Yield 4 servings.
New Orleans brings to mind a column a few weeks later that featured a recipe shared by New Orleans Take-out owner John Roussos, who recently closed shop, left Madison, and will be missed forever.
Sweet potato pie-pecan pie
9-inch pie crust
Sweet potato filling:
1 cup sweet potatoes or yams
¼ cup packed brown sugar
1 tablespoons white sugar
1 tablespoon cream
1 tablespoon melted butter
1 tablespoon vanilla
¼ teaspoon cinnamon
¼ teaspoon allspice
1/8 teaspoon nutmeg
¼ teaspoon salt
1 cup sugar
½ cup dark corn syrup
2 tablespoons melted butter
2 teaspoons vanilla
Pinch of cinnamon
Pinch of salt
¾ cup pecans, whole or pieces (more if desired)
Preheat oven to 350 degrees. Bake sweet potato or yam, cool, skin and mash. Mix with brown sugar, white sugar, egg, cream, melted butter and vanilla. Sprinkle cinnamon, allspice, nutmeg and salt over sweet potato mixture and blend thoroughly. Spread with spatula into bottom of 9-inch pie crust, smooth evenly.
Beat 3 eggs. Add 1 cup sugar and beat together. Add ½ cup dark corn syrup and beat. Add 1 tablespoon melted butter and 2 teaspoons vanilla and blend. Add a pinch each of cinnamon and salt. Add pecans. Pour mixture over sweet potato filling. Cover surface with more pecans, if desired.
Bake 50 minutes to an hour at 350 degrees. If pie browns too rapidly, then reduce heat to 325 degrees. Center should be firm when pie is shaken.
Two more recipes that will warm your heart have appeared here before and are from beloved local restaurants no longer in business. Shared by the Schiavo family, here is a favorite from Antonio’s when it was on S. Park Street.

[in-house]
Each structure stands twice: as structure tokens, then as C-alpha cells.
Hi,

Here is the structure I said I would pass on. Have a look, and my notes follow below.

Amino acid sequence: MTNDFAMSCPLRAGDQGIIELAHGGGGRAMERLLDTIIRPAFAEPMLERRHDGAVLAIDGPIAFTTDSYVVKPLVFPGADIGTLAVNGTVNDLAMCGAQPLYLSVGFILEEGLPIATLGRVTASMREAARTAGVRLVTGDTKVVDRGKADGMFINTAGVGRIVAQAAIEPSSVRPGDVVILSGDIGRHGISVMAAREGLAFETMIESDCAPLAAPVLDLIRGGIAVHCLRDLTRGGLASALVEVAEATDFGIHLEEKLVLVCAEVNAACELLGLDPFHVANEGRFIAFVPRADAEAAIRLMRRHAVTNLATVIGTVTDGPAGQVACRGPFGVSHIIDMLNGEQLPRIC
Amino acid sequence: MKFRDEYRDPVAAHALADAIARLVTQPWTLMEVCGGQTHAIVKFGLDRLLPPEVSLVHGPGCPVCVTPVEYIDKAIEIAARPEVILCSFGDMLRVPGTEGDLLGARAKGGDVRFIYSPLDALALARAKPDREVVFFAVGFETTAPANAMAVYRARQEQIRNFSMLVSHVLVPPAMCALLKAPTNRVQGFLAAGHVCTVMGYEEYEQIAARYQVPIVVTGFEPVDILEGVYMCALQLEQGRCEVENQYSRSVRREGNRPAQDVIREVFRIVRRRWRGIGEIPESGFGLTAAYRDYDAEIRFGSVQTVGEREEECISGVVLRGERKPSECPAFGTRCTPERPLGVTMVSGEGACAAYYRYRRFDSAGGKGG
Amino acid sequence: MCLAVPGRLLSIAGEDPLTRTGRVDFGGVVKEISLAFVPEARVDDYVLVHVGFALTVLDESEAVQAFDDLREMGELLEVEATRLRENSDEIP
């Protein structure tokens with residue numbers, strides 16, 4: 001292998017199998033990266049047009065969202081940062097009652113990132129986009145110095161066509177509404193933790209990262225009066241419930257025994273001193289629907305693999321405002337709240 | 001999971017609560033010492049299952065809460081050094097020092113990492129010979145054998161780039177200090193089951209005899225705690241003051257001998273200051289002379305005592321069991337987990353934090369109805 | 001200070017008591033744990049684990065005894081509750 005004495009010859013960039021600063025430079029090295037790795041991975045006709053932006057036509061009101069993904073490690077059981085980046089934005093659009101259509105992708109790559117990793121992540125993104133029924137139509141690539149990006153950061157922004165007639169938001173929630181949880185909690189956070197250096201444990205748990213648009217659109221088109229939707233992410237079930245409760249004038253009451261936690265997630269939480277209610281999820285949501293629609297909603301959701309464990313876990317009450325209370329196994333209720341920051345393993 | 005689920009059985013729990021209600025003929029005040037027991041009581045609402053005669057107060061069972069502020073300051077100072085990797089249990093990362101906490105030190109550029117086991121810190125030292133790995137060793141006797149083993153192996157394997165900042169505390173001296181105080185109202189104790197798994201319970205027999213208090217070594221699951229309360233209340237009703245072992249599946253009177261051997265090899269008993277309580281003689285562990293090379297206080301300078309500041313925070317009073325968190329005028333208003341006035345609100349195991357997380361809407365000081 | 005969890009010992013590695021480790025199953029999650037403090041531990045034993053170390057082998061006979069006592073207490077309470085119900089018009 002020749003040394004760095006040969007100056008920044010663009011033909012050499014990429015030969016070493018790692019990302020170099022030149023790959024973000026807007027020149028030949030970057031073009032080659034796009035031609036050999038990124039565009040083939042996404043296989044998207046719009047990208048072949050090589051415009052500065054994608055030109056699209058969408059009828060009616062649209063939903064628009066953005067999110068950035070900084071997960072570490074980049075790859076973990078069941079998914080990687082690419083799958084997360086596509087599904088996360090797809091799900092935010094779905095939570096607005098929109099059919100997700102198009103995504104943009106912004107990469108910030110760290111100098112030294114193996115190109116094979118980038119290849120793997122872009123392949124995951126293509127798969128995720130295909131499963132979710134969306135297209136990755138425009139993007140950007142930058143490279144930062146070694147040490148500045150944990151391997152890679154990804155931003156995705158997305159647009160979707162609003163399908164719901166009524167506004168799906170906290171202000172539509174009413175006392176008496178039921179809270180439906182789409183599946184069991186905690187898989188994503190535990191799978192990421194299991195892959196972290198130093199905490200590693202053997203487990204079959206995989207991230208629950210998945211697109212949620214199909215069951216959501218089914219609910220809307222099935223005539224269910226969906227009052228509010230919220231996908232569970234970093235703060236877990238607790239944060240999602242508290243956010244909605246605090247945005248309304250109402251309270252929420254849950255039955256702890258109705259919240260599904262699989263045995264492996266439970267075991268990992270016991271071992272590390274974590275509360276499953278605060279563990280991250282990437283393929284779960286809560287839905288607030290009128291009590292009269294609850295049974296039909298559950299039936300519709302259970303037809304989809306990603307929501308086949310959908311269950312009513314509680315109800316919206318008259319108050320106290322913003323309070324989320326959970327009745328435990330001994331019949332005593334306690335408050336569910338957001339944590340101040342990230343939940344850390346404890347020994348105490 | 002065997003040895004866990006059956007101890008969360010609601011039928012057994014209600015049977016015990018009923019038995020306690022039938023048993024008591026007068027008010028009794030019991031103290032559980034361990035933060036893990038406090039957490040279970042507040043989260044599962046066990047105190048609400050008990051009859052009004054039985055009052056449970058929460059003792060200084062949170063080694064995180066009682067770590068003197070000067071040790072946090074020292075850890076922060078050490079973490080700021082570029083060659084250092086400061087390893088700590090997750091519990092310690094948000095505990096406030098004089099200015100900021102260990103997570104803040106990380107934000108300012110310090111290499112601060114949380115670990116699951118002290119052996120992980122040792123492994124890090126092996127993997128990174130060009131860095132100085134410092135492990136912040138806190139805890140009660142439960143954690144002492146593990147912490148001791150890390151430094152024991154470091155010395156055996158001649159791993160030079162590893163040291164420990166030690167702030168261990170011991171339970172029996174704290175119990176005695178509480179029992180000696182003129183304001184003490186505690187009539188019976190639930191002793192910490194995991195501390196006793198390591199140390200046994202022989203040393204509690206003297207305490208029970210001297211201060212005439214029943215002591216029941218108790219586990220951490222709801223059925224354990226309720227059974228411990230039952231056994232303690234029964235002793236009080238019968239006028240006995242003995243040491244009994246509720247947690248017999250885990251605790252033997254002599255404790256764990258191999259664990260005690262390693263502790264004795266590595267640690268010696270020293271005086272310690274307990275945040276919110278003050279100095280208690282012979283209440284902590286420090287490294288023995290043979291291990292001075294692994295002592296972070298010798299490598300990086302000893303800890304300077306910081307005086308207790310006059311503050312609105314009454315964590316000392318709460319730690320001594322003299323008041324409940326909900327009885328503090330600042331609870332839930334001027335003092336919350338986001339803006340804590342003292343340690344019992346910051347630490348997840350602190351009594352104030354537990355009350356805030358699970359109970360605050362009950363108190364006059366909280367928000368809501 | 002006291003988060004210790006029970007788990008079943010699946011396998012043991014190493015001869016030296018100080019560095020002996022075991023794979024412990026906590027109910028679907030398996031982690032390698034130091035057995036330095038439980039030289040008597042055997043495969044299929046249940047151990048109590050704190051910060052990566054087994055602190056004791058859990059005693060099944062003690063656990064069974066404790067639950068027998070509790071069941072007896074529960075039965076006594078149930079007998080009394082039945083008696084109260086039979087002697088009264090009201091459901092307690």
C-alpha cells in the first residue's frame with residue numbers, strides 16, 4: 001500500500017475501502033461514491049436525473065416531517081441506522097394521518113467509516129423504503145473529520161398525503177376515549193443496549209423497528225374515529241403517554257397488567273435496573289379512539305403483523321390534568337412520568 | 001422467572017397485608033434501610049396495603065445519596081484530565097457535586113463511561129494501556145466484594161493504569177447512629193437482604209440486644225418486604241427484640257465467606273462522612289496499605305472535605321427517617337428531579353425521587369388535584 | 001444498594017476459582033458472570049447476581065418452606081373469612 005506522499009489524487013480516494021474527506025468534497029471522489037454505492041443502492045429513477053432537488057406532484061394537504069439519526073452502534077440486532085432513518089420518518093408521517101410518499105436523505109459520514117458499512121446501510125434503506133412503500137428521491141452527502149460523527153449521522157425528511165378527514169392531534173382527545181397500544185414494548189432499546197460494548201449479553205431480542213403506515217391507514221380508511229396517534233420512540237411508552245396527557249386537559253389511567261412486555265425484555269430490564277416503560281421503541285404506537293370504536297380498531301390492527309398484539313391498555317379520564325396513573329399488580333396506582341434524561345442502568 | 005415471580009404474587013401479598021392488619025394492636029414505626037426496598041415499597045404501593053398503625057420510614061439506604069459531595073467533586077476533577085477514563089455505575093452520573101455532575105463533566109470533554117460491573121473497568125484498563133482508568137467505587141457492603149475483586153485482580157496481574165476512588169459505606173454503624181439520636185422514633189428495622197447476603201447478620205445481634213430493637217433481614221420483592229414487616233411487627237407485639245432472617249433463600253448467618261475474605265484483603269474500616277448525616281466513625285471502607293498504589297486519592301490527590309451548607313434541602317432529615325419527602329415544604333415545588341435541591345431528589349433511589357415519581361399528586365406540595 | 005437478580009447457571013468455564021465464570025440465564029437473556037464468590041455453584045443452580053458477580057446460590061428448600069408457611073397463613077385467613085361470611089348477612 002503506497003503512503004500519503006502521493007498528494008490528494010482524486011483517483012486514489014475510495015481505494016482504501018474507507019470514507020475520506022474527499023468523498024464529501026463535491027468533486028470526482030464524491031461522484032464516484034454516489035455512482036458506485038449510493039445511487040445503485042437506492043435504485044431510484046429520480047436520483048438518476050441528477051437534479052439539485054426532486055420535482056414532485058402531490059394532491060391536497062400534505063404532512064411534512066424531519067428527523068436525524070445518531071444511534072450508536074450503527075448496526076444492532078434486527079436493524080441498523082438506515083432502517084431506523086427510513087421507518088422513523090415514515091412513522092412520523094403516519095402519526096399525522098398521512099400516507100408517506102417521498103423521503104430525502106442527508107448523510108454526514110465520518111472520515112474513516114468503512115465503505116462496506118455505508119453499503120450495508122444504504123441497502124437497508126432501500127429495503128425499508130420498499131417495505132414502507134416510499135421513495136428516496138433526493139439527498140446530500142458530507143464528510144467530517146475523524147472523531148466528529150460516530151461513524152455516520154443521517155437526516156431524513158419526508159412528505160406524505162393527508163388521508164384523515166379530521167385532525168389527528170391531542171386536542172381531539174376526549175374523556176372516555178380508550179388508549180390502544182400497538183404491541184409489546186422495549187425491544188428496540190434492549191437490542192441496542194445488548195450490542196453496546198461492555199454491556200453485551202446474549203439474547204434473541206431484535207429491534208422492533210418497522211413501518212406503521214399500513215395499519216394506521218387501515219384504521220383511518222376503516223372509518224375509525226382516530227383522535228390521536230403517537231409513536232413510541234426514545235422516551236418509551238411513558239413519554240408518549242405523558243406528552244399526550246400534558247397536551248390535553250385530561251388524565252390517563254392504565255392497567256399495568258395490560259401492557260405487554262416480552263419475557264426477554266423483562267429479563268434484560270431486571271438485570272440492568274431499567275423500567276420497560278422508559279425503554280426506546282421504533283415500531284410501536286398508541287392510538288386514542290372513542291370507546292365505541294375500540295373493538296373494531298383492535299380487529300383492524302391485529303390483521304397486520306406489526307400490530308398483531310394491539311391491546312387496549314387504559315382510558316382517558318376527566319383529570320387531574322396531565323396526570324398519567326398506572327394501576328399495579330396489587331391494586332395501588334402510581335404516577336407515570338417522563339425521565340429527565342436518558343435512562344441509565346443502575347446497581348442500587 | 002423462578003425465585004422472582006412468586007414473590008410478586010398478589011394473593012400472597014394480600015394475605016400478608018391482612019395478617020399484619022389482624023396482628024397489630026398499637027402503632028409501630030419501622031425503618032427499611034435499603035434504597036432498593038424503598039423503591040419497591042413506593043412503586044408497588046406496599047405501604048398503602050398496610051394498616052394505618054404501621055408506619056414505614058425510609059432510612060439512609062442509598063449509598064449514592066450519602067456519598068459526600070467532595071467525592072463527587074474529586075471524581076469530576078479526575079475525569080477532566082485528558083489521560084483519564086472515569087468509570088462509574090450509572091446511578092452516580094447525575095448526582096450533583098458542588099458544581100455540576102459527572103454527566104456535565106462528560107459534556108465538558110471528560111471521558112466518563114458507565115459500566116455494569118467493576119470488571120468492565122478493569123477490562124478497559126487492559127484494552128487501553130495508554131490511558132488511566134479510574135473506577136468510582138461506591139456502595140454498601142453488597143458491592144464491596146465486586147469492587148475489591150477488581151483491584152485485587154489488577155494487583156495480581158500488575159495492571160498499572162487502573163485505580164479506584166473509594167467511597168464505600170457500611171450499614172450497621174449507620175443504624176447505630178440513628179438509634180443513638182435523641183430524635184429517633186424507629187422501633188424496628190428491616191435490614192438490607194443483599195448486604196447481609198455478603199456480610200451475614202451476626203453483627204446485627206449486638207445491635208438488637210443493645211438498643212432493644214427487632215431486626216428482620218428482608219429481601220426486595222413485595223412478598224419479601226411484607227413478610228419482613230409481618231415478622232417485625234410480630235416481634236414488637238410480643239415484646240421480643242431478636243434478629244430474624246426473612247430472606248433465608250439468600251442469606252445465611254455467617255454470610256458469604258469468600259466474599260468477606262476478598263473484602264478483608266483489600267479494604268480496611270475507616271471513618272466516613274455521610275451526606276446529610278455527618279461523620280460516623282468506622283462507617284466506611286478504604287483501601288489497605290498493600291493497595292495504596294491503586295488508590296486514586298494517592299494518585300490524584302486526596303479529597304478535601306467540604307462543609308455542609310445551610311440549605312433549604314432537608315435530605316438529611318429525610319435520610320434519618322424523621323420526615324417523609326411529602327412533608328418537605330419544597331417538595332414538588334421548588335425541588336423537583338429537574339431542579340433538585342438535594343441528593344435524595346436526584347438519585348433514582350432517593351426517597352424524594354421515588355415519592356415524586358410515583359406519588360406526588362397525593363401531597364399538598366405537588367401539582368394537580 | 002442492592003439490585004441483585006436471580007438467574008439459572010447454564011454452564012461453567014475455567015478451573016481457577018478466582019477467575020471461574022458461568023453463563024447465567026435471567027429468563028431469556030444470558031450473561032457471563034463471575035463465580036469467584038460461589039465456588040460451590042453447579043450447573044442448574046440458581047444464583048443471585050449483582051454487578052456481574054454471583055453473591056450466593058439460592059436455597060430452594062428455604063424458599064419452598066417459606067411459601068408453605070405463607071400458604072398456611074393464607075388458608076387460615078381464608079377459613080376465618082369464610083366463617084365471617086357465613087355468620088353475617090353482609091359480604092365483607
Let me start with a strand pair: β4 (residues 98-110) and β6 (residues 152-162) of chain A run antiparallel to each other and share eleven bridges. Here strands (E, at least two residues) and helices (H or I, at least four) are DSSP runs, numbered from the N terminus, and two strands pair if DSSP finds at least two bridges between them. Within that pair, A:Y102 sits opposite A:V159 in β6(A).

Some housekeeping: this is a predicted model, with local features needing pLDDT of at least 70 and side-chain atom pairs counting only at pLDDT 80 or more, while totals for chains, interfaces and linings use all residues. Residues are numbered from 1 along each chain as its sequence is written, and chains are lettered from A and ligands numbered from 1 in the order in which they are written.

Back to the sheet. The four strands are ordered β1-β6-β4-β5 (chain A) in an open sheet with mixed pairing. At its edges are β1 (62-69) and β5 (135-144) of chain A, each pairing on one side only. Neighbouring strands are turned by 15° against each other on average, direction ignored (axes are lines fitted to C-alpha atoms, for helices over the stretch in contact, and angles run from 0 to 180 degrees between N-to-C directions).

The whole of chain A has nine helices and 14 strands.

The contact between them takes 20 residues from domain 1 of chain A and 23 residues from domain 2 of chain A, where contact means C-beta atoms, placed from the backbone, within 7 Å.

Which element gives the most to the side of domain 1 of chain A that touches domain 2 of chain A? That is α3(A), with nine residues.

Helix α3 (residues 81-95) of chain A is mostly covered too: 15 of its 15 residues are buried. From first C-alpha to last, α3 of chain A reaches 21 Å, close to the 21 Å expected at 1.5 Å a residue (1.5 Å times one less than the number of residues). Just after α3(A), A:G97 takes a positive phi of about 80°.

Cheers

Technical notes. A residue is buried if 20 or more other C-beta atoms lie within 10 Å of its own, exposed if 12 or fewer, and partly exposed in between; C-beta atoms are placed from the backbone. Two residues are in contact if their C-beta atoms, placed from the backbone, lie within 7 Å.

Chicken scaloppine piccata
2 6-ounce boneless skinless chicken breasts
Salt and pepper
1 garlic clove, minced
2 tablespoons olive oil
4 ounces dry white wine
4 ounces low-salt chicken broth
Wedge of fresh lemon
1 tablespoon capers, drained
Lightly pound chicken breasts between two sheets of waxed paper. Dip in flour seasoned with salt and pepper and shake off excess flour. Heat oil and saute chicken until lightly browned. Remove to heated plate. Add garlic to pan and saute 1 minute. Add wine, chicken broth and juice from lemon wedge and cook on medium-high flame to reduce liquid to about one-third, or until a glazelike consistency to coat a spoon. Return chicken to pan with capers and heat through.
Another unforgettable favorite restaurant was Ross Parisi’s Rossario’s on Monona Drive.
Rossario’s artichokes and tomatoes
1 small onion, chopped
¼ cup coarsely chopped walnuts
2 tablespoons olive oil
3 tablespoons grated Parmesan cheese
½ teaspoon salt
1/8 teaspoon pepper
½ cup dry white wine
½ cup clam stock or chicken stock
1 tablespoon fresh basil
1 tablespoon fresh parsley
1 pint cherry tomatoes, or 1 15-ounce can of Italian-style tomatoes, chopped and undrained
1 14-ounce can of artichoke hearts, drained and cut into halves
Tomato paste, optional
Using a 19-inch skillet, saute onions in oil and remove. To same pan, add walnuts, cheese, salt and pepper and stir over medium heat until nuts are coated and golden brown, about 3 to 4 minutes. Add wine, clam stock, parsley and basil and simmer 3 to 4 minutes. Return onions to skillet and add tomatoes and cook about 3 to 4 minutes. Add artichokes and continue cooking for an additional 3 to 4 minutes. This should be the consistency to toss with heavier type pastas such as penne or fusilli. If you prefer a thicker sauce, a tiny amount of tomato paste can be added
Yield: 4 servings